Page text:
encouraging background checks for lay volunteers and offering workshops on best practices. At the same time, churches were required to develop Safe Sanctuaries policies. By the 2010s, all churches had policies, and we advanced to using online tools for training and background checks. In 2016 the conference endorsed using the “Safe Gatherings” program to screen and train individual volunteers. Over the years, our congregations and leadership have woven much of the best practices for protecting our children and youth into their routines. For many, the safeguards are now second nature. The two-adult rule (no adult alone with a minor), windows in classroom doors, background checks and volunteer training are all standard across our churches. Our work of providing “Safe Sanctuaries” has become part of the landscape, perhaps moving too far into the background. We have entered a decade of renewed awareness. Over the next few years, there will be an increasing emphasis on this work as we experience the deep scars of those now telling their stories. In 2021 all clergy and assigned pastoral leaders of local churches participated in mandated clergy ethics and boundary training. More than 325 pastoral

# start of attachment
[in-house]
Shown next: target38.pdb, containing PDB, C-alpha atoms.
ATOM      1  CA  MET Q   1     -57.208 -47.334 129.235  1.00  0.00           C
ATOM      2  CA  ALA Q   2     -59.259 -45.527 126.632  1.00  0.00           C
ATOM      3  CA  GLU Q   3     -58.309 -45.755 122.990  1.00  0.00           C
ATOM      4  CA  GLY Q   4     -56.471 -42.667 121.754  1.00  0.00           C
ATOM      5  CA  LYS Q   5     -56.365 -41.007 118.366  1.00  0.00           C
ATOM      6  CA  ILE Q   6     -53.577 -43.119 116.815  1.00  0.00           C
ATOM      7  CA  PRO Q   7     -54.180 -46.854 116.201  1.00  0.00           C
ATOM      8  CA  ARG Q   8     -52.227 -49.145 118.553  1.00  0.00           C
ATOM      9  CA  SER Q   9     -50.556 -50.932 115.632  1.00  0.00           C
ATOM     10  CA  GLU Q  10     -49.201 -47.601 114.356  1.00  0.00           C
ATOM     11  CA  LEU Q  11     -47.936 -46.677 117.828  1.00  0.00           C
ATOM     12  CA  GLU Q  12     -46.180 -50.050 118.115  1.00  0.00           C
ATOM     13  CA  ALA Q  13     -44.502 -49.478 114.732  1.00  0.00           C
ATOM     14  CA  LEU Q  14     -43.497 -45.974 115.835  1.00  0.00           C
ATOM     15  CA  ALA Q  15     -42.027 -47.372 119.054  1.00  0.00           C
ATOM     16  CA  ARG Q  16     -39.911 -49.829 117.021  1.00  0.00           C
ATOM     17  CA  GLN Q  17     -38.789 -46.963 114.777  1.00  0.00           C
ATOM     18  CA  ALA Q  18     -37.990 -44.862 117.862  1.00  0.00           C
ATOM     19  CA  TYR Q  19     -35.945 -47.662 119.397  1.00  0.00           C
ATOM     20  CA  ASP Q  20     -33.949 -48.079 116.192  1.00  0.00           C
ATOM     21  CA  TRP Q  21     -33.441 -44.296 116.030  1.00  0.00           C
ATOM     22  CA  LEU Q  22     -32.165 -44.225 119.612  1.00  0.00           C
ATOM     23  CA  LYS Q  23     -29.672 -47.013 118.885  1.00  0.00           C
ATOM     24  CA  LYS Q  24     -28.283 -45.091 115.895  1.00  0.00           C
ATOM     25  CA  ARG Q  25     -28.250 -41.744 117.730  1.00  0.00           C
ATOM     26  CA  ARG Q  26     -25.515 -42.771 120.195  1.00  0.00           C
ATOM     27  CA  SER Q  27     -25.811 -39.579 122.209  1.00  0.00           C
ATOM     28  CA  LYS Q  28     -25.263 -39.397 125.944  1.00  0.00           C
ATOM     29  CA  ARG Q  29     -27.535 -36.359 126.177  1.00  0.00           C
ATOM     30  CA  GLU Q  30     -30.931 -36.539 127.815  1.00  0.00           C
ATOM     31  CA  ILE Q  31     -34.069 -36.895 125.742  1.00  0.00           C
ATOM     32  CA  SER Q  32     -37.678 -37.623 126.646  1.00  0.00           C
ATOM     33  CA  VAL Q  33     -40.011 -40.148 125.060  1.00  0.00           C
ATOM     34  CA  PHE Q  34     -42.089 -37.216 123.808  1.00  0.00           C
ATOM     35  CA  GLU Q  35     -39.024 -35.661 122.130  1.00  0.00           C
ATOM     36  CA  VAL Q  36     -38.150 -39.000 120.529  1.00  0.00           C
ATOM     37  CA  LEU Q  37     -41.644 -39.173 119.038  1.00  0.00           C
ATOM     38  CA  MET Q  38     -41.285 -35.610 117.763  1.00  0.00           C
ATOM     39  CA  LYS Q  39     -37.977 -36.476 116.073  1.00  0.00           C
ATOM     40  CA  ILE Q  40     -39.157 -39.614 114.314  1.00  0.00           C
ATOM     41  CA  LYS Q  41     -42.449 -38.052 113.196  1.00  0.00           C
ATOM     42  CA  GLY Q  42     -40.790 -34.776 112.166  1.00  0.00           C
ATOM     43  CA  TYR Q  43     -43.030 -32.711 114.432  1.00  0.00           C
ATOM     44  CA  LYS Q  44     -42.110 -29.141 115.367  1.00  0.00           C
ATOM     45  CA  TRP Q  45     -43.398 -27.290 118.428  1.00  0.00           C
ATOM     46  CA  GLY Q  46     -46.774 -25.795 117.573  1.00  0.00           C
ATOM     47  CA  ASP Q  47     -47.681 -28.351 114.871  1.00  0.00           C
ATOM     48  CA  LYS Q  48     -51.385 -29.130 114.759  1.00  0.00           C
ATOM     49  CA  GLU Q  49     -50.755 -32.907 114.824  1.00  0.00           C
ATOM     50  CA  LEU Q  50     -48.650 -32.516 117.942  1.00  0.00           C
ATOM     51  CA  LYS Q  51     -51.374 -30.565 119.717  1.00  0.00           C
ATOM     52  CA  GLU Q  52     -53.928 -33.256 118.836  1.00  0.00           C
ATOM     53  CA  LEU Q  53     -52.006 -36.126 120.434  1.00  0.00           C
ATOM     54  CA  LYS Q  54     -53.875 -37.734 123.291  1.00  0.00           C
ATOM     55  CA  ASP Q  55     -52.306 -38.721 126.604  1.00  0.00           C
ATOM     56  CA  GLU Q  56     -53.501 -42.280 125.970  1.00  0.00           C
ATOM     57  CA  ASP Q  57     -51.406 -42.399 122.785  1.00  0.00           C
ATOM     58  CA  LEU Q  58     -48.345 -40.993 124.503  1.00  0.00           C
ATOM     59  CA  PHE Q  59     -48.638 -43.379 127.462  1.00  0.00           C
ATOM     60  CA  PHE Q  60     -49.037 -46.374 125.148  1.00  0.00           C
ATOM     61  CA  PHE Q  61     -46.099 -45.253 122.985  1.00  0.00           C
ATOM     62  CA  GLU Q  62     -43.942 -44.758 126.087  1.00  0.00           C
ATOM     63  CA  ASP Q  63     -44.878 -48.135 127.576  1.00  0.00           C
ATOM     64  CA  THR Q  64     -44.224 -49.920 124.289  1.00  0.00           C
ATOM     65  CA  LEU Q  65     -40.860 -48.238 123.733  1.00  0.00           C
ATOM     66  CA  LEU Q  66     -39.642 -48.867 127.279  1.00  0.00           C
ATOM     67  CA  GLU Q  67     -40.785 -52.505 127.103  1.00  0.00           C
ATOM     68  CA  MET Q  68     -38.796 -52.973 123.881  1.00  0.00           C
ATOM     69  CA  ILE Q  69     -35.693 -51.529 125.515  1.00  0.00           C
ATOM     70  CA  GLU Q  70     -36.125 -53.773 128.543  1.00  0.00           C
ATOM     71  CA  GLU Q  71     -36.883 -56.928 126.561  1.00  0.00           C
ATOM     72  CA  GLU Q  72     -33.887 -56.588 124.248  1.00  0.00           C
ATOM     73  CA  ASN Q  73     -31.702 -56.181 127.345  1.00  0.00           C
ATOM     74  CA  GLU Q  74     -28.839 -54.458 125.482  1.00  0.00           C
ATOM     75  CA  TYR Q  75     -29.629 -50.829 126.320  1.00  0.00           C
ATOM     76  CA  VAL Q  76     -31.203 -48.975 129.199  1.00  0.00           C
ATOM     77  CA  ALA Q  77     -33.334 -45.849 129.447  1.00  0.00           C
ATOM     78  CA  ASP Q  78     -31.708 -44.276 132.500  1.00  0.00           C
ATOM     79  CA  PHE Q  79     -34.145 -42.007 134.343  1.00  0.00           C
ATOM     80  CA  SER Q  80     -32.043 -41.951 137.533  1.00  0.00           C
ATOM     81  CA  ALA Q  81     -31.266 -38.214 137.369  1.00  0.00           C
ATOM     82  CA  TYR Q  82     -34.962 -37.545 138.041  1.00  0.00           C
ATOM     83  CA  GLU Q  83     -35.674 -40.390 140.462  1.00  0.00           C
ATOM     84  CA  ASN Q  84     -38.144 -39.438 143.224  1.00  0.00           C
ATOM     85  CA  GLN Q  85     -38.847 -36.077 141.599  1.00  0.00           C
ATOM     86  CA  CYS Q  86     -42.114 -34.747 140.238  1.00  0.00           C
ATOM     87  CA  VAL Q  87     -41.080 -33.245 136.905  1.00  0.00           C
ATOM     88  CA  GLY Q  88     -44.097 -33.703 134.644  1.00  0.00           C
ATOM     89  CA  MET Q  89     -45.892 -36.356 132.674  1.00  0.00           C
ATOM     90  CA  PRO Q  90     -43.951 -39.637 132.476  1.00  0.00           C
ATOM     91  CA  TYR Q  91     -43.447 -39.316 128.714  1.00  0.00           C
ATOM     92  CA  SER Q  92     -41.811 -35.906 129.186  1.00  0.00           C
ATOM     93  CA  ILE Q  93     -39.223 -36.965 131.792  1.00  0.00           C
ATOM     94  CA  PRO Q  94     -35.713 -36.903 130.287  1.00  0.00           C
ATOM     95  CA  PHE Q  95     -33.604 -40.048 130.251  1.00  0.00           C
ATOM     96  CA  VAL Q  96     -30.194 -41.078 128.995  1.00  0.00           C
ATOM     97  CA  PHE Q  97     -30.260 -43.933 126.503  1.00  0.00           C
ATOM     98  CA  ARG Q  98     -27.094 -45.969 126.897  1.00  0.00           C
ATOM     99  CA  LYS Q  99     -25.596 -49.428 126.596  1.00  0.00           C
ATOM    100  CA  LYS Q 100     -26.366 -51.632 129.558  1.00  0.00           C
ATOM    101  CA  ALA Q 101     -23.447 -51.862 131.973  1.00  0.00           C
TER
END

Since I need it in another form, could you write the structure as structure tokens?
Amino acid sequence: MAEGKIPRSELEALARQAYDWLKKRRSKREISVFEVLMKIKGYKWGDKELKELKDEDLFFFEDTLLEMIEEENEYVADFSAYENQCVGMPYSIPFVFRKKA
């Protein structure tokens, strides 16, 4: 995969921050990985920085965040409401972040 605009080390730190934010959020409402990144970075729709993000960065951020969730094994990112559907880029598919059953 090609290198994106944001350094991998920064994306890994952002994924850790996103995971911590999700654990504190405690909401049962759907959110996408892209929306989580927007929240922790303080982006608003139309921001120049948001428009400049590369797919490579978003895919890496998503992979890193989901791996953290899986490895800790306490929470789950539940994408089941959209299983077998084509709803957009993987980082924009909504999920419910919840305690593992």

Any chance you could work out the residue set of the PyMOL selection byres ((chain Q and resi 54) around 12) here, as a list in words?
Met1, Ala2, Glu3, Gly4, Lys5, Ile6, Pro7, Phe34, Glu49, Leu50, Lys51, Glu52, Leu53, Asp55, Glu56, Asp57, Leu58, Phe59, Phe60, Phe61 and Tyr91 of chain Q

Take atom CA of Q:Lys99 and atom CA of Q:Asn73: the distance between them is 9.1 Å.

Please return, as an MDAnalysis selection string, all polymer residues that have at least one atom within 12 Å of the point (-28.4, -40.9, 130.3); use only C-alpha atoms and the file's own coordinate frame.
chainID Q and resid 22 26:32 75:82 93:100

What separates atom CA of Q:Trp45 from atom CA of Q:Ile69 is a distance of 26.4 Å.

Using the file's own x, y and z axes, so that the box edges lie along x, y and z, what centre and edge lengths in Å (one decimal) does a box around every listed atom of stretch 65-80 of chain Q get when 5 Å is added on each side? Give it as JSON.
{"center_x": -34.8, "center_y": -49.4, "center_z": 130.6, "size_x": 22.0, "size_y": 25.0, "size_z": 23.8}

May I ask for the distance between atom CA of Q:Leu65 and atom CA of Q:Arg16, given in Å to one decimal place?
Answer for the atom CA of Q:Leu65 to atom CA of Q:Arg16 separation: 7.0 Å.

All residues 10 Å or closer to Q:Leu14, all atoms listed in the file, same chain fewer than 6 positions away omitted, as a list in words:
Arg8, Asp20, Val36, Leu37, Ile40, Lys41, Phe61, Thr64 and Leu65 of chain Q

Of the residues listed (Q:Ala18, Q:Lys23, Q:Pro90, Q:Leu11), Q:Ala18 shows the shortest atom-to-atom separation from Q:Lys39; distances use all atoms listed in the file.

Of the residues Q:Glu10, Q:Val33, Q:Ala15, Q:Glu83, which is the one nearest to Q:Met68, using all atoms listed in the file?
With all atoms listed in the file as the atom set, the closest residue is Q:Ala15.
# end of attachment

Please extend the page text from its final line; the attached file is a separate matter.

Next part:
leaders refreshed their roles and responsibilities, as they do every four years. Surveys and tracking practices reveal there are more than 1,300 trained lay and staff volunteers in our local churches. Two hundred fifty-four of our churches are served by clergy trained through Safe Gatherings for volunteer work with children and youth. Additionally, 230 churches utilize Safe Gatherings for laity training and have one or more volunteers trained. So what did I do on that sunny spring day? I stood in the church kitchen for a long-time playing the event over in my mind, trying to grasp the options and trying to understand what had just happened. From my vantage point, there wasn’t much I could do. Share my experience with someone and risk not being believed or be believed and shatter our tight-knit community? I remained silent, as so many others have before me and after. We are doing better. We talk about abuse. We train and screen, and openly address this evil. However, our work is never done. The year 2022 dawns as a season to renew and strengthen our efforts to be a place of safety for all those who trust us as we care for them.